“I realize it’s not the best restaurant in town, but I’ve been going there for nearly 50 years, so I have a special connection to the place,” [Antonin Scalia] said, when asked about A.V. on January 9th at a private reception. “And it has the best pizza in town.” He should know. Having grown up in New Jersey and Queens, he honed his taste for the perfect slice in a region with more pizza joints than anywhere in the United States.
Rumor has it that its days are numbered. According to a September article in the Washington Business Journal, A.V. owner August Vasiao was “given an offer that we would be absolutely nuts to refuse.” In its place, real estate developer Trammell Crow would build a 14-story condo building with ground-floor retail. Vasiao also notes that this had been the fourth offer on his property and that, “the three other offers had died.” After a half century of work, he’s clearly ready to unburden himself of the landmark and take some well-earned time off.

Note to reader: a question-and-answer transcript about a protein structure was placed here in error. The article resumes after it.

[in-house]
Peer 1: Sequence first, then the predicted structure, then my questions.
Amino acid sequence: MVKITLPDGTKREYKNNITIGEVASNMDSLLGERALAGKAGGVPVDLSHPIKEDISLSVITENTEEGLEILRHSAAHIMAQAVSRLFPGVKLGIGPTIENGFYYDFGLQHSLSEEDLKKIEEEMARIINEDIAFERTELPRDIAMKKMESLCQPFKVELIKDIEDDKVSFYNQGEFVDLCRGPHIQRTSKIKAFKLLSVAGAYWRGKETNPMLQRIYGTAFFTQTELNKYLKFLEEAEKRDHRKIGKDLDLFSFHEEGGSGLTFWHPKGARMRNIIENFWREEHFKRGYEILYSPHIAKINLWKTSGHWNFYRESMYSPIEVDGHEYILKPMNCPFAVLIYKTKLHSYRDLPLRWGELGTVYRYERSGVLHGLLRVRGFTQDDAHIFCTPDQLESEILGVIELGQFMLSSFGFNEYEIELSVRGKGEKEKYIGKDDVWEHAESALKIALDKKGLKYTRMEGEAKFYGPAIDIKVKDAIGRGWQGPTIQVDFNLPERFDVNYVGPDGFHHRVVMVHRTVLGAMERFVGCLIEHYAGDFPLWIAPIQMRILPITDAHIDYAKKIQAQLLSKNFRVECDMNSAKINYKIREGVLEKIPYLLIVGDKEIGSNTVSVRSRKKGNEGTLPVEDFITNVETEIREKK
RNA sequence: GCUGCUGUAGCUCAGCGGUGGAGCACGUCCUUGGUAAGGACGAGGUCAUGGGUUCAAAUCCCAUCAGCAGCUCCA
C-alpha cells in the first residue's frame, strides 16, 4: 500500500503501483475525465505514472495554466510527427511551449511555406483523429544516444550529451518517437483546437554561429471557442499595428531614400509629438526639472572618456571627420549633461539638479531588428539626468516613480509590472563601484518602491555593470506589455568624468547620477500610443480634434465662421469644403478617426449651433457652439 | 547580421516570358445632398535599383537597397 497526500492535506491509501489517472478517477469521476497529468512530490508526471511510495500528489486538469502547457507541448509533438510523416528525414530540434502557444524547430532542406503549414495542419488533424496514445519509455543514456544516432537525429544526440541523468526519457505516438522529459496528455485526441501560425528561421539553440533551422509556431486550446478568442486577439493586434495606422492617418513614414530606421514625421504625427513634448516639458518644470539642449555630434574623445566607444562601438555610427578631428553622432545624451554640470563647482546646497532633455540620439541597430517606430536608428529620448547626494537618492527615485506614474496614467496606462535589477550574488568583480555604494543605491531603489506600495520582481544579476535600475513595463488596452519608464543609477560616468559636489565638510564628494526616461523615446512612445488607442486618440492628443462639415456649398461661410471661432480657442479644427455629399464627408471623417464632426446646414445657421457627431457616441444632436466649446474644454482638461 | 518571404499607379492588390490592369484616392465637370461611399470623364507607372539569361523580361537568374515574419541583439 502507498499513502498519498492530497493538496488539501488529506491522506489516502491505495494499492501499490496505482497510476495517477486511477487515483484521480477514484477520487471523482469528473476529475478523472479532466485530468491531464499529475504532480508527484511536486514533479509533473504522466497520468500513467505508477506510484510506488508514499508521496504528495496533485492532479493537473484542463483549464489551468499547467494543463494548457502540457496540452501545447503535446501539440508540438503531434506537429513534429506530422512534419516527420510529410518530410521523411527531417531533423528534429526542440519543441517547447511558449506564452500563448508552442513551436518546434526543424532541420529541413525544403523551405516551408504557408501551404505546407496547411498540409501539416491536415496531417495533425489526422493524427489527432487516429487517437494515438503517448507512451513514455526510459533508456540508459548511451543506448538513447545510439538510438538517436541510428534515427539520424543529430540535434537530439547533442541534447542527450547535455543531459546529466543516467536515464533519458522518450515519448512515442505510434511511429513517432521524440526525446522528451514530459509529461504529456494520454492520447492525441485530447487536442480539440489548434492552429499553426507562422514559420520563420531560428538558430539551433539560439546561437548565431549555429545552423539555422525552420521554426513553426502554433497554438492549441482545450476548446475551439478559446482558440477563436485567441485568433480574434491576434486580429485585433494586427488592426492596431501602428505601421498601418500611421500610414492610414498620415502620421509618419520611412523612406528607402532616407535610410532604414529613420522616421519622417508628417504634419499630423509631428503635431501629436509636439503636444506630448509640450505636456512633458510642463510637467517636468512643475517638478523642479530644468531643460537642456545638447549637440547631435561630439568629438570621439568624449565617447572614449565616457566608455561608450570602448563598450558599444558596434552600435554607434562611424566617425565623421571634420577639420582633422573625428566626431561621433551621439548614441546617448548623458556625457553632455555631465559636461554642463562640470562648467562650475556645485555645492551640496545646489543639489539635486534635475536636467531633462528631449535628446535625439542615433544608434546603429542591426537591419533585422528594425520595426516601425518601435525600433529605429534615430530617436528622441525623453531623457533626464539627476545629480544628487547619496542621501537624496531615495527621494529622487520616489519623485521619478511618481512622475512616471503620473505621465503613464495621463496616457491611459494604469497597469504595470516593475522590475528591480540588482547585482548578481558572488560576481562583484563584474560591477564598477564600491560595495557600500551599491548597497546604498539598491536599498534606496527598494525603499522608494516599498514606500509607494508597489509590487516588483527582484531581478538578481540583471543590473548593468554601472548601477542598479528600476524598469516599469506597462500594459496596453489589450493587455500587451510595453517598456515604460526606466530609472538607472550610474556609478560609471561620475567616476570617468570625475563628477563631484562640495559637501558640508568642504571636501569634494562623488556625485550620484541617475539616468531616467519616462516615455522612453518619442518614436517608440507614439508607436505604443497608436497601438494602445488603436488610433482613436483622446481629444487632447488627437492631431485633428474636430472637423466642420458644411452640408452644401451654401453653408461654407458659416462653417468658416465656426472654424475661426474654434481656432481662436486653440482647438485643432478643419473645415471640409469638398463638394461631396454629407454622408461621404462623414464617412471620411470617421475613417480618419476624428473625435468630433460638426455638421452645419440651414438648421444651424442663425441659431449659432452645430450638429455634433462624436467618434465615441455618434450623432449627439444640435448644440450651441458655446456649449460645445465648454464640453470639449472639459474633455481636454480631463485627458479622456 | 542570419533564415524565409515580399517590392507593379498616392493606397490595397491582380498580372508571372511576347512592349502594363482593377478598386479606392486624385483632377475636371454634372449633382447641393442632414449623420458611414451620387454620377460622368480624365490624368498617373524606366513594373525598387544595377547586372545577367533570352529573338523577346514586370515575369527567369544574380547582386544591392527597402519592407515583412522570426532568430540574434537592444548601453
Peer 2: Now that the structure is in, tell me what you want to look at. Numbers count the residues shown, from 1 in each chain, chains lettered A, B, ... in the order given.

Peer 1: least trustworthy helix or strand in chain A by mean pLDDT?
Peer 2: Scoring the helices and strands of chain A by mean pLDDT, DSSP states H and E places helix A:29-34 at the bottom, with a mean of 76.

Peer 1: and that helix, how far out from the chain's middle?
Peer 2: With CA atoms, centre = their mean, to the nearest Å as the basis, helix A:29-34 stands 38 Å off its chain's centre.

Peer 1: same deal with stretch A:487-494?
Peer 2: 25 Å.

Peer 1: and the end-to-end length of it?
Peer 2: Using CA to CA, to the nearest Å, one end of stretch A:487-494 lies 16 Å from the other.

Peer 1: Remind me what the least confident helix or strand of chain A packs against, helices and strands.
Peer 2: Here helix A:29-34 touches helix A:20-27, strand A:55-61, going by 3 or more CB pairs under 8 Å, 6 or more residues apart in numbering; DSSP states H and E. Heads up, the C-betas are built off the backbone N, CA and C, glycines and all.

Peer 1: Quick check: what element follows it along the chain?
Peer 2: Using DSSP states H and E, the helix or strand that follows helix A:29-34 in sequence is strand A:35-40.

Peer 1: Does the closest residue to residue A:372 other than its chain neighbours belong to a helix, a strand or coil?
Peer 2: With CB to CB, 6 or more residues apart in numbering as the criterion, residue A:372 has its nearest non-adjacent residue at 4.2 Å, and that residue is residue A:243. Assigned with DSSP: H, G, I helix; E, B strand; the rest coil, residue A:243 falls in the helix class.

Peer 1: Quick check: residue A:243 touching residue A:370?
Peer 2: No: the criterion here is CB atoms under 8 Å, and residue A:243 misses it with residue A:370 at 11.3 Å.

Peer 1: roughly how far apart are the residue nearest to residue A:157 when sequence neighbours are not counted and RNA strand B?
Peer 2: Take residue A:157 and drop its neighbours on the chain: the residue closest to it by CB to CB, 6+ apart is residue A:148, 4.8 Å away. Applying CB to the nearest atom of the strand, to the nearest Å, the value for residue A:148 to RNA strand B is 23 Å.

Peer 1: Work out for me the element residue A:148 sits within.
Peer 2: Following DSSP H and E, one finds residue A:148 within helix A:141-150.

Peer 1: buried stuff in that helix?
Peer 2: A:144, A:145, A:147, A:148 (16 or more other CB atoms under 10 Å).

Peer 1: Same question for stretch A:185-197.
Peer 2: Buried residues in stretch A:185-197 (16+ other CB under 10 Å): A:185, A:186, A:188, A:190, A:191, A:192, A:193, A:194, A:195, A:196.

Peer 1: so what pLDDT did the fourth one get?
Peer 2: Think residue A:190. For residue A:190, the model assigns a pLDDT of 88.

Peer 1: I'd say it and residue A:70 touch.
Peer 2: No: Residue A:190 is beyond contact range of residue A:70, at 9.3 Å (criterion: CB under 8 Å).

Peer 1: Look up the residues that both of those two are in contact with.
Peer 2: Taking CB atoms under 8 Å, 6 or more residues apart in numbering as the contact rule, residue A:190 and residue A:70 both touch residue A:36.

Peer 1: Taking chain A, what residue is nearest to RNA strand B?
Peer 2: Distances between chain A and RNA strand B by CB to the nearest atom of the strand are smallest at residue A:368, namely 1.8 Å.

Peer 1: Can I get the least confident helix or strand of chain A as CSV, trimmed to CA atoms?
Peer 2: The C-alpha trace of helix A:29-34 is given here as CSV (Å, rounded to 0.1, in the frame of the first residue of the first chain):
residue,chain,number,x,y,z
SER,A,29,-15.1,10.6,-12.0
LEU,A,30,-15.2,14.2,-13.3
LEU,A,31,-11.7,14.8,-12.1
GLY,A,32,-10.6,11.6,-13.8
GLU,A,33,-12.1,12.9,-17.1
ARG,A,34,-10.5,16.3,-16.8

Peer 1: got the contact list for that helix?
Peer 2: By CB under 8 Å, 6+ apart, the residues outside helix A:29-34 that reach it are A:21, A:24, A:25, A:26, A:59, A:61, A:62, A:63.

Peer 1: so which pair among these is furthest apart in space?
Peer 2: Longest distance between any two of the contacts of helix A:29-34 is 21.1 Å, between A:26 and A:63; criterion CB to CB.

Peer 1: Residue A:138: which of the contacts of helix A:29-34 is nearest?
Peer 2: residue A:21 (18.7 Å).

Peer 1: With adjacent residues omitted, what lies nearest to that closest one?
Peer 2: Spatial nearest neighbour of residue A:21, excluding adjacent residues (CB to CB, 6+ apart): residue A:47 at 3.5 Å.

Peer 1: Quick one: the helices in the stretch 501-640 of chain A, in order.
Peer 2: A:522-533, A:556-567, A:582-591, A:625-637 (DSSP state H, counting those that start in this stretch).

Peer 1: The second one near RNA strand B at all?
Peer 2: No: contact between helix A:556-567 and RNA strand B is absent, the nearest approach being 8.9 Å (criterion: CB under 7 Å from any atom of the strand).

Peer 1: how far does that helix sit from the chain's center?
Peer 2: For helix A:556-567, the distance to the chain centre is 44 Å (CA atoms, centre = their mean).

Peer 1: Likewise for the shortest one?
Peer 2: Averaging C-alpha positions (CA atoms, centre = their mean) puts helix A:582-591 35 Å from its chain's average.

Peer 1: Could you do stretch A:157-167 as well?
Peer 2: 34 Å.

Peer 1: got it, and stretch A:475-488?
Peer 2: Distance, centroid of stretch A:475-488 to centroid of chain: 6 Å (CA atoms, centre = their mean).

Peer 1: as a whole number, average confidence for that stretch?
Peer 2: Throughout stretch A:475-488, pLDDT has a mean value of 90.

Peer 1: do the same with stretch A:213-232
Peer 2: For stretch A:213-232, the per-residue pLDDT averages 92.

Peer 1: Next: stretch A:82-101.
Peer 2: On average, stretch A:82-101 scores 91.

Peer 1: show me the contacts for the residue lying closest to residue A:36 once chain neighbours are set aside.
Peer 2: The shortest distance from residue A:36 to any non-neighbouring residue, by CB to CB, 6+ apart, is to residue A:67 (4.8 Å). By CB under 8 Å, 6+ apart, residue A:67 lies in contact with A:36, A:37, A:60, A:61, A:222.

And, from the Washington Post review:
Stumbling into this long-running, family-owned Italian restaurant -- and you might, because it's dim as a cave, with blood-red banquettes and dark wood paneling -- it would be easy to tag it as that spaghetti house of your dreams. Unlike some of those Italian-flavored chains that attempt to re-create yesteryear with boat-size portions and kitschy props, A.V. is the real deal. We're talking walls plastered with restaurant reviews dating to 1962 and signed letters and photographs of long-ago VIPs, Hubert Humphrey among them. Tinny opera music (is that Caruso?) reinforces the nostalgia. The food is apportioned for lumberjacks, and while none of it will make you swoon, some of it is satisfying. Eggplant parmigiana is draped in a tangy-sweet blanket of tomato sauce; tender clams ride the rim of a plate of garlicky, white-sauced linguine; and fried artichokes get stuffed with bread crumbs, capers and olives, for a nice group appetizer. Heavy and bland, the meat dishes are best avoided. A.V.'s assets extend to efficient service, a big, copper-framed hearth and an outdoor deck replete with a fountain. Of course the tables are covered in red-and-white checks.